“There are few things I enjoy more than, on weekends, cooking breakfast with the family,” Ted Cruz says at the outset of this video in which his family will not appear. “Of course, in Texas, we cook bacon a little differently than most people.” Then he wraps bacon around the barrel of a machine gun and fires it until the bacon cooks, sort of. Then, I presume, he rides a stallion through the window of the Oval Office and knocks Barack Obama out of his chair. We haven’t gotten to that part yet. But surely this guns-and-bacon viral video will clinch the presidency for Cruz, and eventually the Chinese will be our masters. Breakdown after the jump.
Imagine that you are a wealthy member of one of the two parties that control the richest nation in the history of the world, or you run one of the corporations that made it rich, or you’re one of the people who work for those corporations or political parties to feed your family. America is doing great, but everyone also seems to agree that it is doing worse lately and is possibly about to stop doing great forever. Meanwhile, religious hillbillies on the other side of Earth have vowed to come here and randomly explode, plus an unknown but growing number of Americans have less incentive to support the status quo because present conditions benefit you much more than them. You are winning this game, but the game is almost over. If you were such a person, you might understandably organize your politics and your worldview around one central question: how can I keep anything from changing? What you need is security—order-maintaining, threat-identifying, future-avoiding security. Today is Friday, and anything different is necessarily bad for us. Won’t you arrest the progress of history with me?
“We’re really puzzled,” Newt Gingrich says. “Here at Gingrich Productions, we’ve spent weeks trying to figure out: what do you call this?” Then he holds up a smartphone. It appears to be an iPhone, but it’s definitely some kind of touch-screen, internet-capable personal communications device, known in circulars and strip malls across America as a smartphone. The term “smartphone” was first used by Ericsson in 1997, but Gingrich seems genuinely not to know it, spending three minutes in rapturous speculation on what such a device might be called. “If it’s taking pictures, it’s a not a cell phone,” he opines. “If it has a McDonald’s app to tell you where McDonald’s is based on your GPS location, that’s not a cell phone. If you can get Wikipedia or go to Google, that’s not a cell phone.” Props to Aaron Galbraith for the video, which is 2:53 of uncut dramatic irony that you can watch after the jump.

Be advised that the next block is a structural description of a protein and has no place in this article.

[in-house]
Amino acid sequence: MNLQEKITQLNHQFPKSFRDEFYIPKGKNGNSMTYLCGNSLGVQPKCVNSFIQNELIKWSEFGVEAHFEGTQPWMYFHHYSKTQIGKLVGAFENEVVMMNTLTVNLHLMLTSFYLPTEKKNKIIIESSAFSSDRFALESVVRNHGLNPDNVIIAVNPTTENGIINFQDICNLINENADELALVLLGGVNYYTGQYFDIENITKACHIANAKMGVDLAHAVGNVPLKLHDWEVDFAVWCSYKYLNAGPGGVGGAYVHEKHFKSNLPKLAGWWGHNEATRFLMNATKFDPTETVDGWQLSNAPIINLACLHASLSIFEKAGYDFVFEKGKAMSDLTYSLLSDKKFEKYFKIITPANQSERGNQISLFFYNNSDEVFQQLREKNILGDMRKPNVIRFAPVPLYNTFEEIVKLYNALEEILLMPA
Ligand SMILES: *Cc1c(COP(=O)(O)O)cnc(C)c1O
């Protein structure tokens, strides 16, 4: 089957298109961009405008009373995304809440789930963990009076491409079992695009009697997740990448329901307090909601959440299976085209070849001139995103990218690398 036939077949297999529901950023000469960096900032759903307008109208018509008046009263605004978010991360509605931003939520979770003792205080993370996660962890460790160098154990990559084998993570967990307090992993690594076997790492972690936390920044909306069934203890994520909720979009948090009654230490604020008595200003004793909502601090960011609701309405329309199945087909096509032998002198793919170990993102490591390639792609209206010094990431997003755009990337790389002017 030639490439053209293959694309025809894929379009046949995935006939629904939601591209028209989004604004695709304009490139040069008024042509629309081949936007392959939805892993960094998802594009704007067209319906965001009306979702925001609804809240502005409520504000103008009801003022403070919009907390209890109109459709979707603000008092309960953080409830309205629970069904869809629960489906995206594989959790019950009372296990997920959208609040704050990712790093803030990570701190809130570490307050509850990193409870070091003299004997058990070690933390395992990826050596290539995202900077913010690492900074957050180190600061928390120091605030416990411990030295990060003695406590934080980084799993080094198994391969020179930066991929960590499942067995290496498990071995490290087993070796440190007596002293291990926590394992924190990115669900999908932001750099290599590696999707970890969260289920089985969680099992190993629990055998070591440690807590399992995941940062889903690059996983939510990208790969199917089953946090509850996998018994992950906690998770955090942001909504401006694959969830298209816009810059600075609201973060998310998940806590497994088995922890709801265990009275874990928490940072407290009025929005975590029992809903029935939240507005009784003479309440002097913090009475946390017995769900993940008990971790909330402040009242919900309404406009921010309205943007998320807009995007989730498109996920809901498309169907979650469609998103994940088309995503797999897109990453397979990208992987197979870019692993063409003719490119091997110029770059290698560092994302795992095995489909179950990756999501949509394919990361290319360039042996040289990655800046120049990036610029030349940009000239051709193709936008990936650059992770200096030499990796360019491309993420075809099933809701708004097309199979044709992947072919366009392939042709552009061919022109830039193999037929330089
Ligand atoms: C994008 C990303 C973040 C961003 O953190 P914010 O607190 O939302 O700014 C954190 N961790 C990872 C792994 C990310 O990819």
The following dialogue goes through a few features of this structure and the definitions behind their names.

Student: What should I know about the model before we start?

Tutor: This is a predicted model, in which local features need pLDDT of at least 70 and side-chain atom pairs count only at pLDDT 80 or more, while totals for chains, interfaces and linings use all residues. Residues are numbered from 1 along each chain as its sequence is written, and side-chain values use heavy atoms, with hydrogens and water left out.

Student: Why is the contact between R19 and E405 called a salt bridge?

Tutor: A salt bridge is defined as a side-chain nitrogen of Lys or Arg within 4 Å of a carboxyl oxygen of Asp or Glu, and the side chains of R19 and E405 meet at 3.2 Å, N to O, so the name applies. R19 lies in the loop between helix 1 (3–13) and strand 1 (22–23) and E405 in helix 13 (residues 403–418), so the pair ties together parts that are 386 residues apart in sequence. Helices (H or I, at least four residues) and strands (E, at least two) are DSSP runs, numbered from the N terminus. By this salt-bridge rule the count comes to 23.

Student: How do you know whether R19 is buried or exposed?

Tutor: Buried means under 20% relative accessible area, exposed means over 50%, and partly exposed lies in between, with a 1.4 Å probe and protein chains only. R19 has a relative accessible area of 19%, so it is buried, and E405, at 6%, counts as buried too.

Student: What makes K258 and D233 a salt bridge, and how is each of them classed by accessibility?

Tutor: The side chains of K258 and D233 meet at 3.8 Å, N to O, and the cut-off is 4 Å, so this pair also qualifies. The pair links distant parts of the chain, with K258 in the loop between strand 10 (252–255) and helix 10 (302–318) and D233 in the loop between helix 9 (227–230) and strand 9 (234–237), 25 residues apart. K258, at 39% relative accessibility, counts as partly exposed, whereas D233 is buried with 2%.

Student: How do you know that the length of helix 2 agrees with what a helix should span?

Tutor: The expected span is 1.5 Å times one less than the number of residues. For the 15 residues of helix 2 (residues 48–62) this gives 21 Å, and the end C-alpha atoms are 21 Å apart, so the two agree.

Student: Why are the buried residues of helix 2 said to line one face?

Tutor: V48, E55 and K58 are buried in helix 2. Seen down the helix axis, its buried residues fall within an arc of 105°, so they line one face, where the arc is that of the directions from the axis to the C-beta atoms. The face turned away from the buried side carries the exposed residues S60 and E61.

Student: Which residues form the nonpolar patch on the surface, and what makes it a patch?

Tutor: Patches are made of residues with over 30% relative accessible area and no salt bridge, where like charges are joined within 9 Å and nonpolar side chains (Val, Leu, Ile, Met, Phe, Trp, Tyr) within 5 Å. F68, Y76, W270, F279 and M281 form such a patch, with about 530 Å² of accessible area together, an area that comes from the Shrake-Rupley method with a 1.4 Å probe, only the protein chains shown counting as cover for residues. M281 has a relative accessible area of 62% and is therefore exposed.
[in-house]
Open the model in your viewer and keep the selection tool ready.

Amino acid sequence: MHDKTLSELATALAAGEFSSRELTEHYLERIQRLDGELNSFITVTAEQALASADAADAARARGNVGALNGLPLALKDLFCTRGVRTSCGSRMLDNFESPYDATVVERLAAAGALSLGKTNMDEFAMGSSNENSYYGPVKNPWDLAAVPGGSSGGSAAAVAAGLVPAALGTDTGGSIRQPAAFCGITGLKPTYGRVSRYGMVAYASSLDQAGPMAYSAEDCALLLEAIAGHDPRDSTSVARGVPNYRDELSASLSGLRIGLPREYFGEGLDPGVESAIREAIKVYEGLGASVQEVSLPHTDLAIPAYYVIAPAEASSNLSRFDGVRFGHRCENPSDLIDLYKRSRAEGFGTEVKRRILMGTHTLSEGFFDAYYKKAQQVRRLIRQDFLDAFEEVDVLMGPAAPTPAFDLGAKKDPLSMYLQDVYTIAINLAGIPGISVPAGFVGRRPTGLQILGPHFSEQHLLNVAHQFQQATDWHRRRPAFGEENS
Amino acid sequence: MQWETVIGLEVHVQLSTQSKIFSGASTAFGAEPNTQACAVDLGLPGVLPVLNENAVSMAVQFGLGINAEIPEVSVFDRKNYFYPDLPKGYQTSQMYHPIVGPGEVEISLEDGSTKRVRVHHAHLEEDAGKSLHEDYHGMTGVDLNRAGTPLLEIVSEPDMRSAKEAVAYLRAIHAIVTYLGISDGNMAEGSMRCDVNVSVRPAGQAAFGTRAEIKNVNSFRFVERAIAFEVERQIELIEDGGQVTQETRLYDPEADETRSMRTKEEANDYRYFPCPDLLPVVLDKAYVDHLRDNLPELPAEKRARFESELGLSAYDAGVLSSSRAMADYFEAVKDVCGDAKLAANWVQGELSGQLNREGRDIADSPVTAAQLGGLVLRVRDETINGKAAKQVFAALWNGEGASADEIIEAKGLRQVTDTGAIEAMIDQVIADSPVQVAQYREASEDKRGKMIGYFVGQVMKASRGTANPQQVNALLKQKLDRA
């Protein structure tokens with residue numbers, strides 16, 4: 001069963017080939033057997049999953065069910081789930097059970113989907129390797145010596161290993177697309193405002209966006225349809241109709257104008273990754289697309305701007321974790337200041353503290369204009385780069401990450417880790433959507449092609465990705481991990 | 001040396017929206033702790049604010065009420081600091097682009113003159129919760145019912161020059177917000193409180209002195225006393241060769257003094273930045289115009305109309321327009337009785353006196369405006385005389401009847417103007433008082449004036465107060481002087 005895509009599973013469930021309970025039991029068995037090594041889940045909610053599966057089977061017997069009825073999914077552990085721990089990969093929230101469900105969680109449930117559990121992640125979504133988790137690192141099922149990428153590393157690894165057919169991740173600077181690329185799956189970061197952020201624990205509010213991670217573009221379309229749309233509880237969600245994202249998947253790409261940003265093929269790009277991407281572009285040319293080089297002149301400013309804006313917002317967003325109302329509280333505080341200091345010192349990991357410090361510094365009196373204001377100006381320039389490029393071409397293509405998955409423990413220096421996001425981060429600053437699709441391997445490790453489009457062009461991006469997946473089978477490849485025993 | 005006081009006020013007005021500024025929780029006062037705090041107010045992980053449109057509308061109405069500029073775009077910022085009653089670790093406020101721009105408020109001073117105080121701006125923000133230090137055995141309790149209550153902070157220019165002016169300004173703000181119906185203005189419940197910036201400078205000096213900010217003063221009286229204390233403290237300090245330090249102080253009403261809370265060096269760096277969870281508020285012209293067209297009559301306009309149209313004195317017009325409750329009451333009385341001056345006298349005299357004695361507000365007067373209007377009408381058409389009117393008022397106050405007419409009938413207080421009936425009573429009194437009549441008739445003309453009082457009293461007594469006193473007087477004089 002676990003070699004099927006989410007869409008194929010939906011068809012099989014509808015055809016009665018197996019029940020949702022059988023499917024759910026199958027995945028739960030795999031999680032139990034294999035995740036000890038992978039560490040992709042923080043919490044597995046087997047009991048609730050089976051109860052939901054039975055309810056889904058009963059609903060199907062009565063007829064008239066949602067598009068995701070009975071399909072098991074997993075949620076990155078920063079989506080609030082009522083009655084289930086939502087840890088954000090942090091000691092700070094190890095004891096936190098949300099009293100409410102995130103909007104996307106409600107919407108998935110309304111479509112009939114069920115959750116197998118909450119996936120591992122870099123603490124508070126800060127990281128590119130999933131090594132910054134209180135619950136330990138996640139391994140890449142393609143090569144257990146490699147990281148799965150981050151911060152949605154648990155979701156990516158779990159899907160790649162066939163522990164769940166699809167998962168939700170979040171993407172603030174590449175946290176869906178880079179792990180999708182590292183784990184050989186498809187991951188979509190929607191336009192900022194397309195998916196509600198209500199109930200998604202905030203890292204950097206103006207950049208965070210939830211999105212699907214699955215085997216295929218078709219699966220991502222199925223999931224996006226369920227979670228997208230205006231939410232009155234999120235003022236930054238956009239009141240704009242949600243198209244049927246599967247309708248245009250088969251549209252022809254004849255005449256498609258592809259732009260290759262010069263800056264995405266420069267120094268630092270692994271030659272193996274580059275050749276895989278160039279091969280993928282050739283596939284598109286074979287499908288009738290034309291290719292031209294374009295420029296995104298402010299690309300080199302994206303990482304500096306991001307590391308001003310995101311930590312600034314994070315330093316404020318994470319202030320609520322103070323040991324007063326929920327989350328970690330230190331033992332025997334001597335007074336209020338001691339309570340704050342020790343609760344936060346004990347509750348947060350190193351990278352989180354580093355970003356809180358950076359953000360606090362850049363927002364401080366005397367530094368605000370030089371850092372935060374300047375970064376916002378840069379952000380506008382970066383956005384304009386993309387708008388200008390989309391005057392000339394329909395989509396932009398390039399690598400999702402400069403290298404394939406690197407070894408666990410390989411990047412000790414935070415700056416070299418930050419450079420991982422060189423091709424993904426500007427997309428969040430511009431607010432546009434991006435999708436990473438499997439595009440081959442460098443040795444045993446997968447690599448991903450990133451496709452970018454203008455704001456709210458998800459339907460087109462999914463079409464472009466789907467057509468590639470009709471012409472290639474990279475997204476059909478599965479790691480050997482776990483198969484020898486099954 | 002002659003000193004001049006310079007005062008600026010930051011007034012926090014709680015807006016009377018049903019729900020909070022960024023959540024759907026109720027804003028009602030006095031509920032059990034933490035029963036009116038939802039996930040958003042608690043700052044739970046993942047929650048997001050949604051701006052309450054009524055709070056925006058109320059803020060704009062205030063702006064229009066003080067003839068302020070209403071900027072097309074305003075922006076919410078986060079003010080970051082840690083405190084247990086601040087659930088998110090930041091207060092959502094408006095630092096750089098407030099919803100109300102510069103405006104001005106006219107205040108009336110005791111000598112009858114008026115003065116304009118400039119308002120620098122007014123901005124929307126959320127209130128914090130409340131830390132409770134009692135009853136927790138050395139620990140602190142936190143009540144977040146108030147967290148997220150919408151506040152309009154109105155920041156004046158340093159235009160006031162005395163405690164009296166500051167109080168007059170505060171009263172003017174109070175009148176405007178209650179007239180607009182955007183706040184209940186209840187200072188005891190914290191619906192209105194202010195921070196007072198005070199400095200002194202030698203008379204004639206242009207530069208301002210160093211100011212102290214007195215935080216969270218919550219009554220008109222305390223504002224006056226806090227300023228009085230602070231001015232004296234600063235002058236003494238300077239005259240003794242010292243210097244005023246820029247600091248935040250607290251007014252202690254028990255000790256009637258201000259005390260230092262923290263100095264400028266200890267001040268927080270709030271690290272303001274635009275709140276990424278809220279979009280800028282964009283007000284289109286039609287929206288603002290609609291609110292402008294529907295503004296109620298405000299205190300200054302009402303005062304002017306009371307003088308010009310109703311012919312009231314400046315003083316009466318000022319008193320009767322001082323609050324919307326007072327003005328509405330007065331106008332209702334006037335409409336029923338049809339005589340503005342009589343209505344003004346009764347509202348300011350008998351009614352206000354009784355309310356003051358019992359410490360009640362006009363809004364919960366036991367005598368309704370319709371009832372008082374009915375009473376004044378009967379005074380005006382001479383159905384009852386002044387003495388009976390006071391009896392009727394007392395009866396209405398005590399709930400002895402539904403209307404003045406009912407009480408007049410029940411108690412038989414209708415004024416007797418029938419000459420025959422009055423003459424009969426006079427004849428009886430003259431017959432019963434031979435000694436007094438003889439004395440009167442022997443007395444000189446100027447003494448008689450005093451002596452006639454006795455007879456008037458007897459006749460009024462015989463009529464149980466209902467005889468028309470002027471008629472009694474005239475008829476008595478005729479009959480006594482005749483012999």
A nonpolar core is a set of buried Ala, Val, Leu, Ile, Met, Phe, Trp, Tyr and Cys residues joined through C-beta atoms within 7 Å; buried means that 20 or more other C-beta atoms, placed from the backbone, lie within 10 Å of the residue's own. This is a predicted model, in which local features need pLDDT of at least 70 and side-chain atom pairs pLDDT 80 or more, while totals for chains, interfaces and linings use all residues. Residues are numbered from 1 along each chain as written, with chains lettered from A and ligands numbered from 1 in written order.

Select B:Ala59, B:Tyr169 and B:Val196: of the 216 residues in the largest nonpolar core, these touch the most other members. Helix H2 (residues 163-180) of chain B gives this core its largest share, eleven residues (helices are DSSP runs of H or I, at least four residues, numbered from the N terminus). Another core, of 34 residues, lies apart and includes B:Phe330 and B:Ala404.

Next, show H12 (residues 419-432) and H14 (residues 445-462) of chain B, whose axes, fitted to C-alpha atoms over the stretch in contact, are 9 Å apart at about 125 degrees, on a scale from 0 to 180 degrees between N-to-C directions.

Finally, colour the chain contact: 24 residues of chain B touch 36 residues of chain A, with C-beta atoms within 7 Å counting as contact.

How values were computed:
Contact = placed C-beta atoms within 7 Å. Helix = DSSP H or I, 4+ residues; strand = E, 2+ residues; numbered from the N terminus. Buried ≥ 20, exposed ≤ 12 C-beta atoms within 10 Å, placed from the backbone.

I am willing to accept a modicum of secrecy in my US government. If the pillars of our democracy rest on a certain amount of secret alien dissection and Chinese cyberwar, I’ll go along. But one of those pillars is consent of the governed, and I cannot consent to stuff I don’t know about. A little-r republican system—in which people vote or don’t vote for various representatives based partly on what they do in office—does not work when we’re not sure what our government is doing. Call me Judy Garland, but I also believe that our elected leaders behave a little more scrupulously when they know the American people are watching. Secrecy protects Them from Us, and I personally am a longtime subscriber to the adage that government should fear the people and not the other way around. It’s Friday, as far as we know, and today’s link roundup is full of stories about things we should have known about earlier. Frankly, it’s harrowing. But before we get started, I think you need to watch this video.
Everyone’s favorite Meghan Gallagher sent me the foregoing ad for the new Microsoft Kin, which promises to do for cell phones what Bing did for internet search engines. If you’re wondering, the song is by Edward Sharpe and the Magnetic Zeros, a band I liked without reservation before they sold their best work to a phone commercial and forced me to yet again consider how much of my aesthetic taste is aesthetic taste and how much is just contrary esotericism.* Anywhom, the ad has provoked an extremely small firestorm of controversy, due to allegations by Consumer Reports that it promotes sexting. You remember sexting, right? It’s the totally real thing that teenagers do all the time nowadays, when they’re not cyberbullying or attending rainbow parties. I quote intrepid CR reporter Mike Gikas: “The video…includes a downright creepy sequence in which a young man is shown putting a Kin under his shirt and apparently snapping a picture of one of his naked breasts. The breast is then shown on the phone’s screen, just before the guy apparently sends it to someone.” Needless to say, Gikas did not get away with referring to a man’s bare chest as his “breasts,” or, worse, “the breast,” and comments-section hilarity ensued. Despite the obvious sophistication of its reporter, the CR piece prompted Microsoft to re-edit the spot so as to remove the breaxting, as well as change the Kin’s slogan from “Send a grainy picture of your breasts or breast!” to “We’re all in this together!” Except, of course, those of us who are peering at our phones. Which brings us to Combat! blog’s question of the day: Is it just impossible to sell a cell phone or what?